Source: CNN Money, Yahoo Finance


The Factors of Quality Management Systems (QMS) Growth

Some trends, I think, are driving the increased adoption of better quality management software:

  • Companies now go through more external inspections and validations than ever before, and regulators increasingly want direct access to companies’ QMSs. This speeds things up and makes inspections more efficient, compared to plowing through reams of paper documentation. In addition, regulatory rigor is rapidly spreading around the world, using industrialized economies as models. India, for example, passed new legislation regulating medical devices in early 2017—just a few months before the European Union updated its own rules.

 

  • Digitization is another major driver of how companies are now thinking about quality. Today, growth in sensors and Internet of Things (IoT) in manufacturing processes generate billions of data points along the supply chain. Companies now have access to information in digital format that is allowing them to track and make informed decisions in real time, so they can manage and optimize their assets more effectively and deliver consistent products aligned with regulations.

 

  • A shift in the social mindset around risk. For example, a toy manufacturer that manages to maintain strict quality control of its products might hear about a child that ended up getting injured, even though the product had no defect and was designed for children. The toy manufacturer might use that as a learning point to design the next version of the toy, taking into consideration these corner cases, even though it might not be mandated to do so by any kind of regulation. Arguably, society has become more aware and less tolerant to risk than ever before.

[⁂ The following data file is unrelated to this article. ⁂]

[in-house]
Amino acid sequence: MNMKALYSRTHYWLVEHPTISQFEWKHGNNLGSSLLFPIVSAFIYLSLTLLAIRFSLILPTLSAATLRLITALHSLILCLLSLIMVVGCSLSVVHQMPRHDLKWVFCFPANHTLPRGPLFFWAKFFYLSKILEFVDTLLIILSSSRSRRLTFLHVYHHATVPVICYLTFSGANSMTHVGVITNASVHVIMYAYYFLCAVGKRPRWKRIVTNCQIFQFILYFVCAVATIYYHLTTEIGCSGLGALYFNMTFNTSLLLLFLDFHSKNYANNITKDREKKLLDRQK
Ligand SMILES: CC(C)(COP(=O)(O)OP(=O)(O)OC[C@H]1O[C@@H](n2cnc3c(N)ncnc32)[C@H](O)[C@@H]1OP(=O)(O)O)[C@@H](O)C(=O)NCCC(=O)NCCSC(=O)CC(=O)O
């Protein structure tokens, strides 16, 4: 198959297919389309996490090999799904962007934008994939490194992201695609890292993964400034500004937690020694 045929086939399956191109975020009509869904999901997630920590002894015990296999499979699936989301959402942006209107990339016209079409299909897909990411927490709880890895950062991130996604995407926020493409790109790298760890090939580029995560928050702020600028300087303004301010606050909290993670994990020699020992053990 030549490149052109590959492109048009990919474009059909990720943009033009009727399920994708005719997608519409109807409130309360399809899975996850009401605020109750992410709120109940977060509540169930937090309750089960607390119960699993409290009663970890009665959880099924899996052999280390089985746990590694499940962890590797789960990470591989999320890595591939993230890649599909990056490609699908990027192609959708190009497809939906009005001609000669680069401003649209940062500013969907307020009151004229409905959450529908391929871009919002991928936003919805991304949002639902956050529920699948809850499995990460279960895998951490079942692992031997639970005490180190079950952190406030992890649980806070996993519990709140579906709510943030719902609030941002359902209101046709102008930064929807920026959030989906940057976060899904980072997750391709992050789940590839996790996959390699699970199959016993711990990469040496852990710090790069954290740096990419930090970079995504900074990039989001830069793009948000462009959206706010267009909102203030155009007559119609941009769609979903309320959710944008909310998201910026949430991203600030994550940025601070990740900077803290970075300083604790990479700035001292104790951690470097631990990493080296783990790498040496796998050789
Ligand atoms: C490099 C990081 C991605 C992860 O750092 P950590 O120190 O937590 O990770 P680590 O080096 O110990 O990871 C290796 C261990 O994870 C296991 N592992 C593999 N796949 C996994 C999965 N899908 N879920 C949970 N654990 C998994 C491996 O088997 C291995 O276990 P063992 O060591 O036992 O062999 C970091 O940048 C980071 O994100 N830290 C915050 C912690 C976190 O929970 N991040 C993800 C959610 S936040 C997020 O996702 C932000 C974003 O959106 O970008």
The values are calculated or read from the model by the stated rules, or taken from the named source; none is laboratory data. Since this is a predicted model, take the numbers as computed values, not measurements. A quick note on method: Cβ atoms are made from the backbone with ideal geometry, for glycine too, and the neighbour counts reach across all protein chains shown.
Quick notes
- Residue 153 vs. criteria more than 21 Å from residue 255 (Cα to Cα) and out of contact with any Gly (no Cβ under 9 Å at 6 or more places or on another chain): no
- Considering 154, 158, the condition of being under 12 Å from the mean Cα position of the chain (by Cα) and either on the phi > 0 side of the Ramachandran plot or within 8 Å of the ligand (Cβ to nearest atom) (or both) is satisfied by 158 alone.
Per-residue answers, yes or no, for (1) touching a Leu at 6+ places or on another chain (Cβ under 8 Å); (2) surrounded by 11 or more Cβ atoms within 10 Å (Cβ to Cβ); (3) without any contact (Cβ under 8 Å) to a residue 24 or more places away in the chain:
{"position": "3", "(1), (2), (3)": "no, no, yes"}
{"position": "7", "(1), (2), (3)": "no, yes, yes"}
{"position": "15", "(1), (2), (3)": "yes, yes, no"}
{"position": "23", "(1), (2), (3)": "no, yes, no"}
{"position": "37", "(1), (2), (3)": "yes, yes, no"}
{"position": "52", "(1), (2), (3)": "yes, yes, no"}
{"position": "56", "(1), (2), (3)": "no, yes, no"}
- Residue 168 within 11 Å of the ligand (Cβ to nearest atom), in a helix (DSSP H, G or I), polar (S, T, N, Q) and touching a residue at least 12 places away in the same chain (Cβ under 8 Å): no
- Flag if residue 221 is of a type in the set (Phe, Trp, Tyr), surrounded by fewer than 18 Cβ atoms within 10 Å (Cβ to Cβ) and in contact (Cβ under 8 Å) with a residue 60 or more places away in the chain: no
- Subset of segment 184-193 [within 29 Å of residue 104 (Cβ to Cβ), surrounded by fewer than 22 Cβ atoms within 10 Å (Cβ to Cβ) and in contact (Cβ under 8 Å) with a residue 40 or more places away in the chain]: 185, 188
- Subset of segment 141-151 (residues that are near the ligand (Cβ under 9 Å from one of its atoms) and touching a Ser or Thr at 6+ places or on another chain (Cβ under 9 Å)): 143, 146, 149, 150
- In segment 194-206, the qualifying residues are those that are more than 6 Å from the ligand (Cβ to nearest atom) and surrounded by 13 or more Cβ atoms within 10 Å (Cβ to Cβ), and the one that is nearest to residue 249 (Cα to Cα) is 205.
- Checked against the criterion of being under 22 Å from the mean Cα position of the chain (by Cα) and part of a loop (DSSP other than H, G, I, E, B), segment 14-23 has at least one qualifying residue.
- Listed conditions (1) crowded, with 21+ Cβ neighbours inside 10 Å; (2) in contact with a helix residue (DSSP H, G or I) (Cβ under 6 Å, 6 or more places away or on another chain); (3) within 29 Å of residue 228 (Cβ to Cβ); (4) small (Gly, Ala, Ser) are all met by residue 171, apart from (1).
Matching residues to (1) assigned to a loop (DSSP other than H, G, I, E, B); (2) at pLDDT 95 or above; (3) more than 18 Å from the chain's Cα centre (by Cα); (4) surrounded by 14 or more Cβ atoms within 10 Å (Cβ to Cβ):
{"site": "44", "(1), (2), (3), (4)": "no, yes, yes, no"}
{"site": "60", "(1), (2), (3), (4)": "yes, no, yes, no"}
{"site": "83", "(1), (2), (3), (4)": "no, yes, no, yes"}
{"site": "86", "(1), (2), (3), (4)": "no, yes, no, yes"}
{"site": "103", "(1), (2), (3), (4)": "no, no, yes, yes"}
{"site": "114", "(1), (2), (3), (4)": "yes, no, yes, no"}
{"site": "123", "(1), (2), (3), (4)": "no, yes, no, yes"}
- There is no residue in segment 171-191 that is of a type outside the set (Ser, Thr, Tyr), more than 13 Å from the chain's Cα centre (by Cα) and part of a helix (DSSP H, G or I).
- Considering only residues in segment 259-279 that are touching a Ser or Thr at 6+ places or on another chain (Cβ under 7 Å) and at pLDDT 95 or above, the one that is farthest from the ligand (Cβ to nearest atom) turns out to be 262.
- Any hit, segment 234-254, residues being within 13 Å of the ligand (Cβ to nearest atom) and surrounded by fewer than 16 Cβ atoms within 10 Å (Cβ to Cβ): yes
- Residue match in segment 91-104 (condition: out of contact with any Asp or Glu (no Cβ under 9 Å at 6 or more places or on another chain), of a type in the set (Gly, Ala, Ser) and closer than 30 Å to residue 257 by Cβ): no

From Control to Assurance: A Shift in the Approach to Quality

With many factors driving the adoption of quality management, companies have shifted their approach to quality as well. Quality management used to mean inspecting products at the end of the assembly line. That was Quality Control, and it was reactive and not very efficient.

Now, big pharma companies (among many others) start from the very conception of the product in R&D and manage quality through production and all the way to eventual product retirement. In other words, quality is now managed end-to-end. This is what the industry now calls Quality Assurance.

In line with that strategic approach, some quality managers are pushing themselves to look at quality beyond regulatory requirements. “You have to imagine there is no FDA,” said a quality executive at a major supplier of healthcare consumables. “That’s the way you have to think. For some products, our company services up to 20 million accounts. How do we make sure every one of our medical gloves, for each of those accounts, has the same quality, reliability, and characteristics as the next glove?”